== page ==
Yes, in Arizona, and among them was a rosé crafted from Nebbiolo grown in the hills north of Wilcox, Ariz., which is in the southeast corner of the state. But I’m getting ahead of myself.
Caduceus Cellars & Merkin Vineyards Tasting Room in Jerome offers a wide variety of wines and tasting flights, including some that match cheese and other appetizers with their wines. The $10 flight I tried included four wines: a white, a rosé, and two reds.
The first wine was called Dos Ladrones, a 2010 vintage made with Malvasia Bianca and Chardonnay grown in Arizona. It had a bright, fragrant nose, but was a bit creamy on the first taste. Happily this creaminess disappeared on the finish, which was fresh and had just the right combination of orchard fruit and citrus. There seemed to be a little bit of herb and maybe even some white pepper? It was a very nice start.
Then came the wine that intrigued me the most: a rosé made from Nebbiolo, but not just any Nebbiolo, but Nebbiolo grown in Arizona! What was this? To me, Nebbiolo is a truly noble grape used to craft outstanding Barolo. And like Pinot Noir, Nebbiolo can be a delicate and finicky grape. Certainly, I was familiar with the beautifully elegant and even muscular Barolos, but a rosé?
Called Lei Li Rosé, this 2010 vintage had an almost amber pink color. The nose was fresh with lovely but so ephemeral fruit that had just a bit of zing to it. Tasting, this wine was very delicate, the flavors very subtle but really quite good followed by a lingering finish. Seriously, the flavors were so delicate that I could see someone easily missing them. This was a wine that demanded your attention, but was a delight to drink. So delicate, I wondered how to pair it with cheese. They had an answer for me at the shop, but unfortunately I can’t remember the name of the cheese; it was a creamy French cheese with a mild flavor unless you got piece next to the rind.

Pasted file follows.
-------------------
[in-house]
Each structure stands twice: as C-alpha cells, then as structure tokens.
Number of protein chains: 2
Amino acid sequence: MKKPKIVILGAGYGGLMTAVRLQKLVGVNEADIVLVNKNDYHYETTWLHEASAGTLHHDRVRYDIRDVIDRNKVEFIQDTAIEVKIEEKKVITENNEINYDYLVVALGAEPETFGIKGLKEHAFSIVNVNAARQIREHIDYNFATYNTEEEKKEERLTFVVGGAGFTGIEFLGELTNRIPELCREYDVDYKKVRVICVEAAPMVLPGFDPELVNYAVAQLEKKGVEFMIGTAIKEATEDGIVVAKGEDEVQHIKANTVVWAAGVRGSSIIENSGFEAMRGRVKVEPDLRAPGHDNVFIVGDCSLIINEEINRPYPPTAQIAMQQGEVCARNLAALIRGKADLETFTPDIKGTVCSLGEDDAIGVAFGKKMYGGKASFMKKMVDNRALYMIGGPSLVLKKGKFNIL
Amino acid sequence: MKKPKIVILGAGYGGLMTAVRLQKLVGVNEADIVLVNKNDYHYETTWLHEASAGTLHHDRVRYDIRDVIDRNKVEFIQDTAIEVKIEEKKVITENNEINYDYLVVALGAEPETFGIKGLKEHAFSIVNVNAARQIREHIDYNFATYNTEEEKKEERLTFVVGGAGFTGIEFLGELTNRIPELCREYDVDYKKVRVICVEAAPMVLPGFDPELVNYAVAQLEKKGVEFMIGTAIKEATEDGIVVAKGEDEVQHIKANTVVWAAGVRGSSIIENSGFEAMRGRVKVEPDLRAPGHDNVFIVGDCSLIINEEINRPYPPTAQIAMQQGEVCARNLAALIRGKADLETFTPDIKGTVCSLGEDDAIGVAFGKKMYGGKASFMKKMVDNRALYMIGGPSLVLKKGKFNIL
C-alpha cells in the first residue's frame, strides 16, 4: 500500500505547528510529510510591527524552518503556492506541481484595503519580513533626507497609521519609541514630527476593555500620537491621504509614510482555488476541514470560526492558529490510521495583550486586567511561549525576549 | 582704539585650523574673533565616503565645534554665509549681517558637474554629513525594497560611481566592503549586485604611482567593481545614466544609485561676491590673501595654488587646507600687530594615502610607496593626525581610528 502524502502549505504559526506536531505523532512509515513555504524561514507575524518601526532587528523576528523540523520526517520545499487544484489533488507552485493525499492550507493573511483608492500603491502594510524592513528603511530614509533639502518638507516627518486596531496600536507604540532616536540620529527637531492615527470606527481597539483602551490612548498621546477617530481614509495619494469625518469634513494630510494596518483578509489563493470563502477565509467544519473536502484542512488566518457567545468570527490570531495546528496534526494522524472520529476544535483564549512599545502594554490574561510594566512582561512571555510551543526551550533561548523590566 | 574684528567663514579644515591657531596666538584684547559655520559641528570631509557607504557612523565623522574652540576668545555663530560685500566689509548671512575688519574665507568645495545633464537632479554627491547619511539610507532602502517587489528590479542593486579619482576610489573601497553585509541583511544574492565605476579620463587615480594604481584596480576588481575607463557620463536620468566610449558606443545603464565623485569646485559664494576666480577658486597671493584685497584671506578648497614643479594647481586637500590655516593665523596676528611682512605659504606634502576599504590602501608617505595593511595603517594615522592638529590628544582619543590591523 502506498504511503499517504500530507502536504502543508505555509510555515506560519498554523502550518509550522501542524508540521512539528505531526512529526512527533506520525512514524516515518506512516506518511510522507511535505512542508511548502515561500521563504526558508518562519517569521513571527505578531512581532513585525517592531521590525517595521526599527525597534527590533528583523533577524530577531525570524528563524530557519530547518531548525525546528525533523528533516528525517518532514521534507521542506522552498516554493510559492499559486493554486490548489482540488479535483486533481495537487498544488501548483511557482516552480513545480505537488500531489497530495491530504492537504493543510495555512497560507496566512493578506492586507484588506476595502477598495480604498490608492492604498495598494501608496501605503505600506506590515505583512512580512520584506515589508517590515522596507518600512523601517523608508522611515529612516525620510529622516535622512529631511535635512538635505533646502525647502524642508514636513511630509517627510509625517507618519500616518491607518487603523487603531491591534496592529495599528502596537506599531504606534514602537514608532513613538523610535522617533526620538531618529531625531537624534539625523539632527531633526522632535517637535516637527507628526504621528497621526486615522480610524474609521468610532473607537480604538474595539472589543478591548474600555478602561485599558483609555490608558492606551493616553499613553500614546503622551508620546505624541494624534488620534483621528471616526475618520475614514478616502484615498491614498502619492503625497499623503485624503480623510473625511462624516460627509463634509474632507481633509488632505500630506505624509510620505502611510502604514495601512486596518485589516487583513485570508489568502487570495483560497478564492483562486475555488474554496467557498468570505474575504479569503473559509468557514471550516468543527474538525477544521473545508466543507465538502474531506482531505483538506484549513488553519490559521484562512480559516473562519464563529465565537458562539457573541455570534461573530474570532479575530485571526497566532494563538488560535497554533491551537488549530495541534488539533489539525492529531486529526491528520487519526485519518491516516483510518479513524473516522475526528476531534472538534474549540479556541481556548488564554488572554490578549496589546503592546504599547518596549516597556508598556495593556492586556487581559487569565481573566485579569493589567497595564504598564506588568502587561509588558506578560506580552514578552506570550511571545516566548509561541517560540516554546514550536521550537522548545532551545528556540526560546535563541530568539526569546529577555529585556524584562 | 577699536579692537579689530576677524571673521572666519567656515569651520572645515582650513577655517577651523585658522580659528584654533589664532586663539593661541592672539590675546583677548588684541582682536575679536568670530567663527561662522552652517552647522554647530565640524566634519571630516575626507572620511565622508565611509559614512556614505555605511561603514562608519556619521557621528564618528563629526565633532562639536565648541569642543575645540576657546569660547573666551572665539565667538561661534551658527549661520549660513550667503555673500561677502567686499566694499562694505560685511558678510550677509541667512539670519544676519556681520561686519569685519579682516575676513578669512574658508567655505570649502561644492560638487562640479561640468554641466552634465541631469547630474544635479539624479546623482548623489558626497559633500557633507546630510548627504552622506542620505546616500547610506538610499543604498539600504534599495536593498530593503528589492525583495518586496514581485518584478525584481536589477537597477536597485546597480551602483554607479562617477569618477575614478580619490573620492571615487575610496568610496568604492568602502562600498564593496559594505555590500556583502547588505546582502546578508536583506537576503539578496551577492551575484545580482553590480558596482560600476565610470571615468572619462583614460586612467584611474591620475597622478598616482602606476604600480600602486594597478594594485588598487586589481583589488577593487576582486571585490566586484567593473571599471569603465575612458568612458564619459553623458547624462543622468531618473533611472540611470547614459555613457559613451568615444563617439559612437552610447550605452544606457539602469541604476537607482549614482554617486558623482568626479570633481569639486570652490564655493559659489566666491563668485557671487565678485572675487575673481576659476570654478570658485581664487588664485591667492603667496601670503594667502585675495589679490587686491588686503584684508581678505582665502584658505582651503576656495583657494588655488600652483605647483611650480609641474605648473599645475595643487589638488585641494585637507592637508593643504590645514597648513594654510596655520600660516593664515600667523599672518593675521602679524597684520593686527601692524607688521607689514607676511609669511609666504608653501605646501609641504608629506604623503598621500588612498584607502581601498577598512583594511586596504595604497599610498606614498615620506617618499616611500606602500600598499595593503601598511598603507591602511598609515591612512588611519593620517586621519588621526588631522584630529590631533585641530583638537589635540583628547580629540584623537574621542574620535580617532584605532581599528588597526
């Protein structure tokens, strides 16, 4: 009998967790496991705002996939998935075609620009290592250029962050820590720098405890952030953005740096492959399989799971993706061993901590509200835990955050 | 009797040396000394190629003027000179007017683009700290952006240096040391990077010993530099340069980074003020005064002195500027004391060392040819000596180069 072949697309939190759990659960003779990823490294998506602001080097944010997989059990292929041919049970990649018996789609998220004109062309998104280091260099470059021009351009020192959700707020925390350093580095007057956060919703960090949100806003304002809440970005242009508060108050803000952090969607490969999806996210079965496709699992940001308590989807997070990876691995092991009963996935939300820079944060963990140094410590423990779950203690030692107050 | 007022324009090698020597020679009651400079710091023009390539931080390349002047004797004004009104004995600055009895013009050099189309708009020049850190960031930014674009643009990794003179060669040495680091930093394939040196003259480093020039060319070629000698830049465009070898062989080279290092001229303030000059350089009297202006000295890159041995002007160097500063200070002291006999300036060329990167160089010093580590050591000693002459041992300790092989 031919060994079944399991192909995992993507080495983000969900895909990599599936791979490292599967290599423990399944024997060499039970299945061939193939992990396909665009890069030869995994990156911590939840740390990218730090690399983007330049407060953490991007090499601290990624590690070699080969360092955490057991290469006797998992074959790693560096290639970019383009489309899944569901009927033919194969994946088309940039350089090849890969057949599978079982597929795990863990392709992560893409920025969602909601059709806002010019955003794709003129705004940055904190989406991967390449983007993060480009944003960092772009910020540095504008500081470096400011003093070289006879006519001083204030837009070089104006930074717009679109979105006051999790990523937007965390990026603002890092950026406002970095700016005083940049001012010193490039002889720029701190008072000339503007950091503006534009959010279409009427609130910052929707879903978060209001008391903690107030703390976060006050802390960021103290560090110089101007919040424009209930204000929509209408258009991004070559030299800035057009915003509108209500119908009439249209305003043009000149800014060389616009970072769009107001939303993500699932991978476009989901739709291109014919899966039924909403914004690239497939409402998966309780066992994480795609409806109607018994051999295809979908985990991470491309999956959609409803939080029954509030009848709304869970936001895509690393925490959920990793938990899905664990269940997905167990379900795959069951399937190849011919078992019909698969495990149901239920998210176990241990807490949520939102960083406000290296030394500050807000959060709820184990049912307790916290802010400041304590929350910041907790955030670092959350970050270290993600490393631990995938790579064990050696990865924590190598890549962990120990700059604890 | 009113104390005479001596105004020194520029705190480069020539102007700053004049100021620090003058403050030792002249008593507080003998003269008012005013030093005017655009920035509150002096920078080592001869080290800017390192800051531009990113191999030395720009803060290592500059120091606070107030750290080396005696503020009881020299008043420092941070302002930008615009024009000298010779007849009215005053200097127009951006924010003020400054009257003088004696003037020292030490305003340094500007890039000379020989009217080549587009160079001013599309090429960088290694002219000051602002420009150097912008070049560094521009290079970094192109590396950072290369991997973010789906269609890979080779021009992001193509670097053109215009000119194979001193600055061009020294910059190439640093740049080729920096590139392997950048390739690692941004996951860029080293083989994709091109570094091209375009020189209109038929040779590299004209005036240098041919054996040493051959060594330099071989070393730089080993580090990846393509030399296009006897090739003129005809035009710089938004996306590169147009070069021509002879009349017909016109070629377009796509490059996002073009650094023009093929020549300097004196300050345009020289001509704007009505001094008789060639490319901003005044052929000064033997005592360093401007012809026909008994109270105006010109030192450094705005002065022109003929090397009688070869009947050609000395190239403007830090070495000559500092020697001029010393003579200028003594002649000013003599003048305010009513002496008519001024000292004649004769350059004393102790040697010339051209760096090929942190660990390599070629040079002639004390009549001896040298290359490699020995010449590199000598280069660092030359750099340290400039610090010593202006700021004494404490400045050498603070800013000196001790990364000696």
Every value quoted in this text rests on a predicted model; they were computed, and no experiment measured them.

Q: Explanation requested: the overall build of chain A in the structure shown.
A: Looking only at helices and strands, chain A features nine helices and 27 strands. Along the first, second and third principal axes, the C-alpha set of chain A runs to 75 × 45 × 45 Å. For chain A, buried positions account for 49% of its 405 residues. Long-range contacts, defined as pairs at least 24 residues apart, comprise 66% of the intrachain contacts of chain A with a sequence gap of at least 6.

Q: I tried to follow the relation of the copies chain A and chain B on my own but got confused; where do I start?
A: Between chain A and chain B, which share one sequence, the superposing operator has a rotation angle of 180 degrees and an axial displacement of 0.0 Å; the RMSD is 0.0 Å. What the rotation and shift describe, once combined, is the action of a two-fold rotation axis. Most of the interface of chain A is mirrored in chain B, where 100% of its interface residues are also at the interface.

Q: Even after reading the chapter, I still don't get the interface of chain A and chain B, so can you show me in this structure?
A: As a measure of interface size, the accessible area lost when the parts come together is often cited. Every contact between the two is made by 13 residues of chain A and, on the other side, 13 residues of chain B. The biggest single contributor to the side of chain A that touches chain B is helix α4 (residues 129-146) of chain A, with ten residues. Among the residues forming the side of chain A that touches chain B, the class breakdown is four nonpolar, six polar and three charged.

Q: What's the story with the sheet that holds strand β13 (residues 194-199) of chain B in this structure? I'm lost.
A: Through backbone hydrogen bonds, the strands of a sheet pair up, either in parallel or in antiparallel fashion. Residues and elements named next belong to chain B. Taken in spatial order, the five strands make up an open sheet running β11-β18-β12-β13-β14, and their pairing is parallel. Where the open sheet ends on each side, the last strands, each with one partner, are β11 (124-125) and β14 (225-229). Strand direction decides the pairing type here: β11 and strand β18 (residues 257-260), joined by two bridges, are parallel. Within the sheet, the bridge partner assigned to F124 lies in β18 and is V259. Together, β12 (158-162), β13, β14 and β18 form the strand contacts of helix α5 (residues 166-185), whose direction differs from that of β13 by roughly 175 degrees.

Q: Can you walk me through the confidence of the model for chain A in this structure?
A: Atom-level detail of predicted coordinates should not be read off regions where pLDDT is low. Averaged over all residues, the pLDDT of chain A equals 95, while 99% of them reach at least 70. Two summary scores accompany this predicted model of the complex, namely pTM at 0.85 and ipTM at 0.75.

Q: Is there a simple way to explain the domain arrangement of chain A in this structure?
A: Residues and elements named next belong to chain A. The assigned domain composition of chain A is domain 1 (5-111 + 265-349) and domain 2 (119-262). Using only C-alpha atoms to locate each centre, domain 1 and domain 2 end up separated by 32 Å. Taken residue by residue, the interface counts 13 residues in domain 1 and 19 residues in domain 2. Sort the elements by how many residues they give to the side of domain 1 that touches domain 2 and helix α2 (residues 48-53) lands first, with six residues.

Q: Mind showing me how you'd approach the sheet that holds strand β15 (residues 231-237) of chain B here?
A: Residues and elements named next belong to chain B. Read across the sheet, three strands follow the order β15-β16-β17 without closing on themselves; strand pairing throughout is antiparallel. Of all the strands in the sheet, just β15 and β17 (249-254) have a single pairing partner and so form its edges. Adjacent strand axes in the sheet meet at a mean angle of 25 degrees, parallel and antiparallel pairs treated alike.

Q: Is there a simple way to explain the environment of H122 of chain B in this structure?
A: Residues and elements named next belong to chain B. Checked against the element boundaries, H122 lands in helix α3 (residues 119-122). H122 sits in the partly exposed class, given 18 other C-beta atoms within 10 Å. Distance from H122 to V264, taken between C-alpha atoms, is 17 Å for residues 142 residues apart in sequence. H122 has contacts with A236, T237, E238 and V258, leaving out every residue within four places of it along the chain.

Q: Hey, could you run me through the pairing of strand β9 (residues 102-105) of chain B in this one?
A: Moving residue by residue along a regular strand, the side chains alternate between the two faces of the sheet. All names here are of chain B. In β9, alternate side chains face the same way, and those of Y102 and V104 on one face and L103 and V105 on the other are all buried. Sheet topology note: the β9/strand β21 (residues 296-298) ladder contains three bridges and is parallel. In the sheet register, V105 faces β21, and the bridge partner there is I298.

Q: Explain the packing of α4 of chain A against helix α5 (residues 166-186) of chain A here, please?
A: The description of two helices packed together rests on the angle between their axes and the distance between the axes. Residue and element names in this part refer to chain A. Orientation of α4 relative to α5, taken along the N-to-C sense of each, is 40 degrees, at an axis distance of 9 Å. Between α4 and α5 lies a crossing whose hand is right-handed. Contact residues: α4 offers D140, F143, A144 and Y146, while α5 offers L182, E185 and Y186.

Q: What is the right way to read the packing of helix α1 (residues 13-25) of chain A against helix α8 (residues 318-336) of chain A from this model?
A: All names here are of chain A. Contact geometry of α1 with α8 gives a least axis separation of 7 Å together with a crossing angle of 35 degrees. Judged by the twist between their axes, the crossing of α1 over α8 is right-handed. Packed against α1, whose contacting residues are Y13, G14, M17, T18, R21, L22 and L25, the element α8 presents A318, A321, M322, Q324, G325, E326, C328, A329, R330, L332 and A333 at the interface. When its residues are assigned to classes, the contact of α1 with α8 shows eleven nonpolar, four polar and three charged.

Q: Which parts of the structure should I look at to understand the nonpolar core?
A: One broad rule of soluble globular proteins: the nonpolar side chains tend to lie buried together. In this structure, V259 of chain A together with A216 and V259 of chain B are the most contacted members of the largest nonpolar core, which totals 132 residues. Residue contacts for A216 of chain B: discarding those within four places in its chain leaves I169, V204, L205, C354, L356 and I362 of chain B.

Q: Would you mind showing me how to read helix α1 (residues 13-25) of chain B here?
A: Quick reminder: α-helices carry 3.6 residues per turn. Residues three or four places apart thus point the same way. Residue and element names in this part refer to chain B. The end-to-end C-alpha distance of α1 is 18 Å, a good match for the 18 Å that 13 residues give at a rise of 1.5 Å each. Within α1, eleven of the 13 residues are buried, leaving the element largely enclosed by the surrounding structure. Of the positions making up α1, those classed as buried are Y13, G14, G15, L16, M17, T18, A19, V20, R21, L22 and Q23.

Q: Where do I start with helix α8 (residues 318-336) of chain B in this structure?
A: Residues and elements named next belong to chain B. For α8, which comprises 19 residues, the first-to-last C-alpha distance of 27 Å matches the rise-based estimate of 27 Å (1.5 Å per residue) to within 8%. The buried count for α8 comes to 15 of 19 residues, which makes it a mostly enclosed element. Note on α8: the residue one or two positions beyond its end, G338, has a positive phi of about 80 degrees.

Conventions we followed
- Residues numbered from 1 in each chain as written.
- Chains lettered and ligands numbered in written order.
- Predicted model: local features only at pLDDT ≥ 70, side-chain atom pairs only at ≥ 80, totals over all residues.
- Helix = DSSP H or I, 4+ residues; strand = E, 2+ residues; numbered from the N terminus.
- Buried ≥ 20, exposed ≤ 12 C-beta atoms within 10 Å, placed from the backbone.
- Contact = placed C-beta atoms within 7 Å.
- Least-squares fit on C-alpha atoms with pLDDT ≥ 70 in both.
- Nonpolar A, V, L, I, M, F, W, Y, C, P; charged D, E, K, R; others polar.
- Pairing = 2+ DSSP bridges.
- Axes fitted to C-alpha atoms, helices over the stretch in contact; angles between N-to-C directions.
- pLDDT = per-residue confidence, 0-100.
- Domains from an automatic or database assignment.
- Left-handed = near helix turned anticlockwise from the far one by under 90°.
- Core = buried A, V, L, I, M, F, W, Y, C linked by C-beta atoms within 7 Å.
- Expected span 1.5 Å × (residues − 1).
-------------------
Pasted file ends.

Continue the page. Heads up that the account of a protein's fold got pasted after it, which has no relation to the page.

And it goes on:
Number 3 was a 2009 vintage blend of Syrah and Malvasia Bianca, also grown in Arizona, called Primer Paso. It had a very oaky nose, so overpowering that I couldn’t smell any fruit no matter how I swirled and sniffed. The oak was so strong it was almost like sniffing a cedar box. It was juicy, not jammy, on the taste, but there was nothing left for the finish. Not my favorite at all, but surprisingly it was the favorite wine of one of the pourers in the shop.
The final wine was made with grapes from California, a 2008 vintage blend of Sangiovese and Cabernet Sauvignon. Called Nagual de la Naga, I half expected something robust and even muscular, not just because it was the last wine in the flight, but also because one of the pourers described it as a “super Tuscan” style wine. Powerful it was not, but it was a nice wine. There was a light nose of cherry and cassis with a bit of herb and earth; very rustic. It was juicy and bright, the Cabernet nicely tempered, I thought, by the Sangiovese. It had nice tannin as well, suggesting that it might cellar for a few more years.
So there you have it. Even in a town like Jerome, Ariz., you can find wine tasting rooms with interesting offerings and even some surprises, like that Nebbiolo rosé.